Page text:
Worker Hydration Key to Preventing Heat-related Illness
As summer draws to a close, employers should remain aware of heat-related hazards workers, especially outdoor workers, still face. Employers also need to know and share how to prevent illness or injury.
Heat-related illness occurs because of the body’s inability to self-regulate its temperature.
The body’s best tool to keep itself from getting too hot is sweat. As sweat evaporates from the skin, it cools, drawing heat from the body and dissipating it. The body must be hydrated to produce sweat. Therefore, a dehydrated worker faces more risk from workplace heat.
However, especially in hot summer months, it may be difficult for some workers to drink enough water while working to sweat enough. If a worker is unable to replace the water he or she loses to evaporation, the worker may become dehydrated, and sweating may become impossible. This will increase the body temperature. As body temperature reaches higher, heat-related illnesses such as heat stroke or heat exhaustion become increasingly likely.
If a worker takes in less water than he or she loses to sweat, breathing, urination and defecation, the worker’s body will become dehydrated. Generally, the body does a good job of keeping fluid levels about right by signaling thirst as needed. However, work often puts demands on the body that make adequate hydration difficult.
Many people go about their lives in a state of slight dehydration. There is no cheap and convenient way for employers to measure worker hydration, but workers themselves can be aware of a few factors other than thirst that point to the need for more water: Taking in fluids only when thirsty is rarely sufficient. Further, when the body doesn’t receive enough water, urine becomes more dense and darker in color. Frequent headaches, dry skin and fatigue also point to low body fluid levels, especially when accompanied by thirst, or experienced after strenuous work and exercise also may indicate dehydration.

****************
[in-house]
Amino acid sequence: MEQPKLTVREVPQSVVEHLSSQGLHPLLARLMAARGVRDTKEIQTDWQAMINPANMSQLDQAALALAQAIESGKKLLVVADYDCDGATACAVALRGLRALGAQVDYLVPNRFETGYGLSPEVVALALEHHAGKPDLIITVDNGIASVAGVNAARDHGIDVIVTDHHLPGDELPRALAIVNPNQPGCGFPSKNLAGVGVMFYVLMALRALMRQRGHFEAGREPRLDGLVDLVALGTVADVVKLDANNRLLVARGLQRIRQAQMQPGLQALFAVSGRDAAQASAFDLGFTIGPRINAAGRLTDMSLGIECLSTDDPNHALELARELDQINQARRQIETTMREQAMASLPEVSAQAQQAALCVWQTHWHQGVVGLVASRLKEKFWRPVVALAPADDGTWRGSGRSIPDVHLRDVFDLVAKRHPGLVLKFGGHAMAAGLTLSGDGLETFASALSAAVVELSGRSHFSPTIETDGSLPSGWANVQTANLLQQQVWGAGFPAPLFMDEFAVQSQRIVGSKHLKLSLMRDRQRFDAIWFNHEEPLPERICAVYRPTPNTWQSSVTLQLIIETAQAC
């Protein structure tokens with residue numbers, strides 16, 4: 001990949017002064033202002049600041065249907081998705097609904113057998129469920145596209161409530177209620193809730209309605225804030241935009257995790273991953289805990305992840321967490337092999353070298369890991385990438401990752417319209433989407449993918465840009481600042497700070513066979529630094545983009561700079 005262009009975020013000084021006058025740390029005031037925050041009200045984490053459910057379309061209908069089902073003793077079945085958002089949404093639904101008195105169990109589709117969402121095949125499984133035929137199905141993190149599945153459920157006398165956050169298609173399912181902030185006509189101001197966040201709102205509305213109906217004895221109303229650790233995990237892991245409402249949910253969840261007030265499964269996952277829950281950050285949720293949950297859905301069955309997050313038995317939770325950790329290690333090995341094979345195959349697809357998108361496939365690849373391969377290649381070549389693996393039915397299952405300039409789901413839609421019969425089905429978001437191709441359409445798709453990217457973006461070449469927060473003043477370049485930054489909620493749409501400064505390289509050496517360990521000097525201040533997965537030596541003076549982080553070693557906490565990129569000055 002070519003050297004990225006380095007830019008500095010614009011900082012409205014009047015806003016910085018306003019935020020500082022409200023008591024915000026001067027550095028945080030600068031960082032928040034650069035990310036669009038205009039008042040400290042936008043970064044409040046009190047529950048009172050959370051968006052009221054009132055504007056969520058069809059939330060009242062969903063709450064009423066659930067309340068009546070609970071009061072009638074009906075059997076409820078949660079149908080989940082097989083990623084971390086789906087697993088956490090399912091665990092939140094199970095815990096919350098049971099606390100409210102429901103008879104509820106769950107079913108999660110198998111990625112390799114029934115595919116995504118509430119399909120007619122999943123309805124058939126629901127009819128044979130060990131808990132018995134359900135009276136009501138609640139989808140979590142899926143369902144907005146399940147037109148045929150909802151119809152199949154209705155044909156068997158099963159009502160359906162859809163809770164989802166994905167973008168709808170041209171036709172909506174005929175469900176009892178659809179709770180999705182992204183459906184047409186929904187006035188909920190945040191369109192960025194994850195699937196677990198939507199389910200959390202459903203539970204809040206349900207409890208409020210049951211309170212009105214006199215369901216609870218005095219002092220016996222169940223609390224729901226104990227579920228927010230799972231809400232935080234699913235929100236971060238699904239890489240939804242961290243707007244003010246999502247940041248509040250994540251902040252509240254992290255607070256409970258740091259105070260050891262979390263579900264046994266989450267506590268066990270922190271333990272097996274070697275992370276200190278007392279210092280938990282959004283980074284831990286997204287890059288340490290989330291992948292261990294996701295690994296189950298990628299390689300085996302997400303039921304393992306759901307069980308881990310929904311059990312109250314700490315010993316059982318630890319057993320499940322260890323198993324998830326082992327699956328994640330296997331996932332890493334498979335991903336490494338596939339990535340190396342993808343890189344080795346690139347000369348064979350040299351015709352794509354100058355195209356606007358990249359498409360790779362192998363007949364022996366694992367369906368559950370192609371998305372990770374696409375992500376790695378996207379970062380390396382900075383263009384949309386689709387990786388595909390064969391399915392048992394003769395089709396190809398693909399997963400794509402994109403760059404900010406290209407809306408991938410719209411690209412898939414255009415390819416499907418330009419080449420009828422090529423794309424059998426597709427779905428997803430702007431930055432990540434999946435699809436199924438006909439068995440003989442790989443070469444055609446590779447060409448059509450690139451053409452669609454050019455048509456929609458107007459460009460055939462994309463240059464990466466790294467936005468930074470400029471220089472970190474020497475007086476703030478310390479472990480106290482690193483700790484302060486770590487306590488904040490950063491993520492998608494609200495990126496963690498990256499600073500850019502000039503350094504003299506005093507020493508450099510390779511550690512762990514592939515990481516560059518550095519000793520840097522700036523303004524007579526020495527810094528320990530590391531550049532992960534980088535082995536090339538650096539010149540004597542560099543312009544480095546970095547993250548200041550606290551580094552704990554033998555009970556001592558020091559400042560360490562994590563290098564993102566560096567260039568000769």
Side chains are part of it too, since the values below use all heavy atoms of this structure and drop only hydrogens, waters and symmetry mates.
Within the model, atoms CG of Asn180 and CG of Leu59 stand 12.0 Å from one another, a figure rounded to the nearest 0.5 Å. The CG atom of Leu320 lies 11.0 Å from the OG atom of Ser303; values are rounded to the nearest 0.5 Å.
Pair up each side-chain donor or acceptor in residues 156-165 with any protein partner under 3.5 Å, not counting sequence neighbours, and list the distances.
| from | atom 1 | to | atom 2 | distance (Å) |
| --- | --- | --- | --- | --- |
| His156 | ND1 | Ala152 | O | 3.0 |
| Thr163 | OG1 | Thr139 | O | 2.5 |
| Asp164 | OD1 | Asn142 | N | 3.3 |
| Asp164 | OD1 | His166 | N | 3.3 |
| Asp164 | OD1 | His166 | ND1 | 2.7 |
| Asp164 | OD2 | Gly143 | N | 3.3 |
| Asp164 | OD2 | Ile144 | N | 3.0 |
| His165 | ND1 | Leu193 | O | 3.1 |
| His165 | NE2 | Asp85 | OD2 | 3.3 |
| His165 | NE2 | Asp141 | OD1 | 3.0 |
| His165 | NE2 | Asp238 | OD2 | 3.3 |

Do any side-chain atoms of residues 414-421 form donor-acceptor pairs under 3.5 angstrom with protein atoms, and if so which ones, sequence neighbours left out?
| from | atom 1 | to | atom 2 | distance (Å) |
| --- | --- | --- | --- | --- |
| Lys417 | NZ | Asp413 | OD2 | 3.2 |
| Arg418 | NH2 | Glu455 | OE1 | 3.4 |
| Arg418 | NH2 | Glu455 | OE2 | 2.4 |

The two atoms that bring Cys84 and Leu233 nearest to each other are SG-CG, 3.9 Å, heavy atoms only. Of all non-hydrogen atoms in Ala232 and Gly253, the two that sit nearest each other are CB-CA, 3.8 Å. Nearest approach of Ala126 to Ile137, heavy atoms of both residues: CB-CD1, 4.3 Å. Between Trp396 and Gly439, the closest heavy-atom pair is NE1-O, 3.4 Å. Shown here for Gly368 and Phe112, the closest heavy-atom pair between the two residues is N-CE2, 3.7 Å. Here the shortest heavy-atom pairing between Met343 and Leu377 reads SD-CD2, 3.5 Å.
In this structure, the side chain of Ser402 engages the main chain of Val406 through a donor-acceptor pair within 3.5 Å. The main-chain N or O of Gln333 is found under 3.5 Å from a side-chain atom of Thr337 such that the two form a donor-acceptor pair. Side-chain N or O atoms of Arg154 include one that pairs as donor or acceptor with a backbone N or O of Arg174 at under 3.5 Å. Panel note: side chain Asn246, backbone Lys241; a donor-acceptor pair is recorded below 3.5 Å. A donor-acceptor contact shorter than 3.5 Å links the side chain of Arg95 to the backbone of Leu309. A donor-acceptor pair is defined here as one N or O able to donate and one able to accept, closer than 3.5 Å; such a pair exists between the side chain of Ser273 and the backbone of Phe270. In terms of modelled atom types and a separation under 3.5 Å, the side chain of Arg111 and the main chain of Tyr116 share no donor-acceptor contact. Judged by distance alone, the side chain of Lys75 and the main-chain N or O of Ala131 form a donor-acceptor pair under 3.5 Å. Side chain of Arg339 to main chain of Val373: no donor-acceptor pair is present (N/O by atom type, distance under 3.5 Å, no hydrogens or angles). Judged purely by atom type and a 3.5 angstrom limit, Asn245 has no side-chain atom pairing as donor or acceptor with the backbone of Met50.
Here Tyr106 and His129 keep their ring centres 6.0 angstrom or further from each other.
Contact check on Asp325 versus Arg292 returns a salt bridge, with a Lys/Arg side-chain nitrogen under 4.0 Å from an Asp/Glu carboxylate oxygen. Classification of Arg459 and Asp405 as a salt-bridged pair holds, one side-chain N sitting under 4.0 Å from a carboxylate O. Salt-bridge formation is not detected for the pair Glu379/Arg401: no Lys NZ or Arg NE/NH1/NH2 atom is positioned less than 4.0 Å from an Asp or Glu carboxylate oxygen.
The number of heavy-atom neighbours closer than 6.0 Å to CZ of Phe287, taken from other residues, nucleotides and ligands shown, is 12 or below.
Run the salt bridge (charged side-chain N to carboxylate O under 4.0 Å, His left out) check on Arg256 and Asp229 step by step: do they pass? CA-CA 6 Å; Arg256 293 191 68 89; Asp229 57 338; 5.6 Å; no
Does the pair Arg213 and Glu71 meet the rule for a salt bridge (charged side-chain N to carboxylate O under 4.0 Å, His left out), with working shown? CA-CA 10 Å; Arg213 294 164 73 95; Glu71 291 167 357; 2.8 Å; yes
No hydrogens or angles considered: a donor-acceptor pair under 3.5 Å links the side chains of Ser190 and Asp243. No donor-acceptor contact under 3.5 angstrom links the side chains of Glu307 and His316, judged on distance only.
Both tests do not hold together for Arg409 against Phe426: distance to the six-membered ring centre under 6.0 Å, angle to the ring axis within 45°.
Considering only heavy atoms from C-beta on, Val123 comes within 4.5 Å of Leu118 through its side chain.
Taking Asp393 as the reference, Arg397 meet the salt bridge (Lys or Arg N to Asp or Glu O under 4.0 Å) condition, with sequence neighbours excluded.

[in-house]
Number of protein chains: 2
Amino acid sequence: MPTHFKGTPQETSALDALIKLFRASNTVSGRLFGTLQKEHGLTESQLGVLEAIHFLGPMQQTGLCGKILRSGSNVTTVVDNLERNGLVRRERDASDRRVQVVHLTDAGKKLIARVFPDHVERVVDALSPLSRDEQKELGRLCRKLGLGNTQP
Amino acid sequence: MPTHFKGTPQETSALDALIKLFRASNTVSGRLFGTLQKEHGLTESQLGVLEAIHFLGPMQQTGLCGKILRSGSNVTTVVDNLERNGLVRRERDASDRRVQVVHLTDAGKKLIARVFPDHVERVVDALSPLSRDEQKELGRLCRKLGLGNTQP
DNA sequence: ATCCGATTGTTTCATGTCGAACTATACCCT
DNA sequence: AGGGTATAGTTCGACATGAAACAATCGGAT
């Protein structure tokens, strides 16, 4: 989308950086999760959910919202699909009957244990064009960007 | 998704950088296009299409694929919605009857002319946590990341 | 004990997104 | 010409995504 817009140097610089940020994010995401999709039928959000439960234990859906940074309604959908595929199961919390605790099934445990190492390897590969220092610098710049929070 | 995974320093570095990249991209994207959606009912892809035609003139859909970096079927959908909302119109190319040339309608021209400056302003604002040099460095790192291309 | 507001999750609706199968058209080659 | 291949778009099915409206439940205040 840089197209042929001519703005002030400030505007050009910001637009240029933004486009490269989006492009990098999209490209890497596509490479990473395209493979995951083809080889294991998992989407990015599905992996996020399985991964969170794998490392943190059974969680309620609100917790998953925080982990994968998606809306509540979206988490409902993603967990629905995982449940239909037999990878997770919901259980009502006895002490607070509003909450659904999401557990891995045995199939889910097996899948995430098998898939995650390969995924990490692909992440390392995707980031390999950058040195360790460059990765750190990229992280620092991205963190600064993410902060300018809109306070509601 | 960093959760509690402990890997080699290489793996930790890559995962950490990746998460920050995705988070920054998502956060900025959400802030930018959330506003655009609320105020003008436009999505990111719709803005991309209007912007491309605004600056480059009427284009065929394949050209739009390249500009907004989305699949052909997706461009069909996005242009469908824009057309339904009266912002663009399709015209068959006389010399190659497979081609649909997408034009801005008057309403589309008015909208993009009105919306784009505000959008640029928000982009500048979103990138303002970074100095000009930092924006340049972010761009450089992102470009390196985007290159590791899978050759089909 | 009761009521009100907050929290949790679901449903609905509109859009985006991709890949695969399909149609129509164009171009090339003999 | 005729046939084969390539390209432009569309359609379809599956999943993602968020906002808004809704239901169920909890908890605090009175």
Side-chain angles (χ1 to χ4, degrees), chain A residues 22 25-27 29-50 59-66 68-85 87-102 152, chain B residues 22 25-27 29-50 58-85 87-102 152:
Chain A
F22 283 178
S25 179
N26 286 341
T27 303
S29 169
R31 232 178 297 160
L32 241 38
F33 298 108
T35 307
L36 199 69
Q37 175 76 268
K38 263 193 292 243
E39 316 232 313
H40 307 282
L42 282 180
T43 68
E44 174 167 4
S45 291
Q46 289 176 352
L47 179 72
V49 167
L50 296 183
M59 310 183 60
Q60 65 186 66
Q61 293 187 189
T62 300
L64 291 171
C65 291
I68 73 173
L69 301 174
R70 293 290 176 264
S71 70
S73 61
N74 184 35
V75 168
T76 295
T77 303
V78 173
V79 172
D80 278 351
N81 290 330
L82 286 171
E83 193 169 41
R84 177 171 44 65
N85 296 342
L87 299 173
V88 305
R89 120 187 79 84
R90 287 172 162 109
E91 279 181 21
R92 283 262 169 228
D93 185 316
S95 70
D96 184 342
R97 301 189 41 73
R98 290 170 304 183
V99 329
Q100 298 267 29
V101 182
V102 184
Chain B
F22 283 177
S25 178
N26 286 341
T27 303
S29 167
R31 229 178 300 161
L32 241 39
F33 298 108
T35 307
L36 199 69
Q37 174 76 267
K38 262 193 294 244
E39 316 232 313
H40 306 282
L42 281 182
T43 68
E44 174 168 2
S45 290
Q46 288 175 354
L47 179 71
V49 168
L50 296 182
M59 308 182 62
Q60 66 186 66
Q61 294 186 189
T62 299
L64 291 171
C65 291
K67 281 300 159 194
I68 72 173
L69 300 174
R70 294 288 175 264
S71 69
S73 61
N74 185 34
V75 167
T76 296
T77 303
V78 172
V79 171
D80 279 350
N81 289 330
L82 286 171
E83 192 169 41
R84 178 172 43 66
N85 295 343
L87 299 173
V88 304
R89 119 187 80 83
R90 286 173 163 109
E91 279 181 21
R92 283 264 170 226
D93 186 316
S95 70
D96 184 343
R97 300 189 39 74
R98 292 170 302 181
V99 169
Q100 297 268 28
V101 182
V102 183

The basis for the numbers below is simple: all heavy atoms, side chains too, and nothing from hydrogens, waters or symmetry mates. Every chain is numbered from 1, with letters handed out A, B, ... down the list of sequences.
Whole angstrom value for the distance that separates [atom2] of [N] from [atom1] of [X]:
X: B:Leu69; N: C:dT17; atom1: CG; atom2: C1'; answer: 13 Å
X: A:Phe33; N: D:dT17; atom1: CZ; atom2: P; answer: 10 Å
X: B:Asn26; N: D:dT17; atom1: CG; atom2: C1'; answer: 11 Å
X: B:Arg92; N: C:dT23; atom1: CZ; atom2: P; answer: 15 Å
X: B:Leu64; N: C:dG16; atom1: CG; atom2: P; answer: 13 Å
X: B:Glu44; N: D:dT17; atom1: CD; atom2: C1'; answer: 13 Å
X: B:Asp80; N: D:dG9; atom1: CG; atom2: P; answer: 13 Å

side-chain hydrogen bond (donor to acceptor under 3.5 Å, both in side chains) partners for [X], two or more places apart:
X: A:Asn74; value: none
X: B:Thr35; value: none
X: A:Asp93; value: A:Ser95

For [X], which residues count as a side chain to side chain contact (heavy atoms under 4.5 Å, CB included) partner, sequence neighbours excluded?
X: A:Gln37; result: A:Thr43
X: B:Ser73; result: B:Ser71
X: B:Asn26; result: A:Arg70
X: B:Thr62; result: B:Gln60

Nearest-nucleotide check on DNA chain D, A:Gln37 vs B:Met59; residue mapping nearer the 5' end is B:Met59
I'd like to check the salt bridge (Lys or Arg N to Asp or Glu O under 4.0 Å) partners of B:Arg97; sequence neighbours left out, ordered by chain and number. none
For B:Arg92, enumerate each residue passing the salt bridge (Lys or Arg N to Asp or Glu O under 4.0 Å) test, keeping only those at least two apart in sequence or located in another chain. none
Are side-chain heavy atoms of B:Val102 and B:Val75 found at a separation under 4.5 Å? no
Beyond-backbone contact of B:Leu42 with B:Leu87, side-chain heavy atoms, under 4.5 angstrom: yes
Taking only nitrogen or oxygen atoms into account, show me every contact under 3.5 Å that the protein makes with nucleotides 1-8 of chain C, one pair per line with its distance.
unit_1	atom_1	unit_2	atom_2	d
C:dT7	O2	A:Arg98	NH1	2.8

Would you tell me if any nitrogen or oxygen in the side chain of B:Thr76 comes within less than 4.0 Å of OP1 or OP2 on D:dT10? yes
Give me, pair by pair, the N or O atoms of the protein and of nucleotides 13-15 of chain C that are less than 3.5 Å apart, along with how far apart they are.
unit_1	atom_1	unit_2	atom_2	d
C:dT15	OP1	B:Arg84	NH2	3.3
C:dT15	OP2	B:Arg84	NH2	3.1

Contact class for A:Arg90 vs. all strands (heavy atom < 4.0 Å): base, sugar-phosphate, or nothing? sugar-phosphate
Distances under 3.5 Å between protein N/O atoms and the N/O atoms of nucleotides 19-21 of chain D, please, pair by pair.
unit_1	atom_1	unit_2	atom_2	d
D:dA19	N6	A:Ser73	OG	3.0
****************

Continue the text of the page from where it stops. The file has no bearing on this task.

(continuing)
While the body can have too much water when electrolyte levels get unbalanced or in the presence of certain medical conditions, most people should be drinking more water.
One of the most effective means to ensure appropriate water intake is eating and drinking during meal breaks. Most fluid ingestion occurs with meals, which is also when the body takes in most of the electrolytes it needs. Skipping a meal not only deprives the worker’s body of the calories it needs, it also deprives the body of fluids to keep itself cool.
Of course, meals alone will not provide enough water. Safety and health organizations recommend workers who face a risk of heat-related illness to drink small amounts of cool, non-alcoholic, liquids frequently — one cup every 20 minutes. However, it is important to recognize that broad guidelines do not necessarily reflect the needs of all workers for all jobs in all environments.
In addition to easy access to clean water, employers should provide rest breaks and bathroom facilities to accommodate fluid intake (and subsequent removal) by workers, and workers should not hesitate to take short water breaks throughout the day to maintain hydration.
Dehydration is the first step to more severe heat related illness. Strenuous labor in hot and/or exceptionally humid environments increases the body’s temperature and its demand for fluids. Employers and workers must plan together to guarantee the body has the fluids it needs to function effectively and stay healthy until the job is done.
The Three B’s of Worker Hydration:
- Beverages: Workers should be provided with sufficient non-alcoholic fluids, ideally water, and clean cups.
- Breaks: Workers should be permitted the time needed to drink enough fluids through the day.
- Bathrooms: Workers need access to sanitary bathroom facilities.
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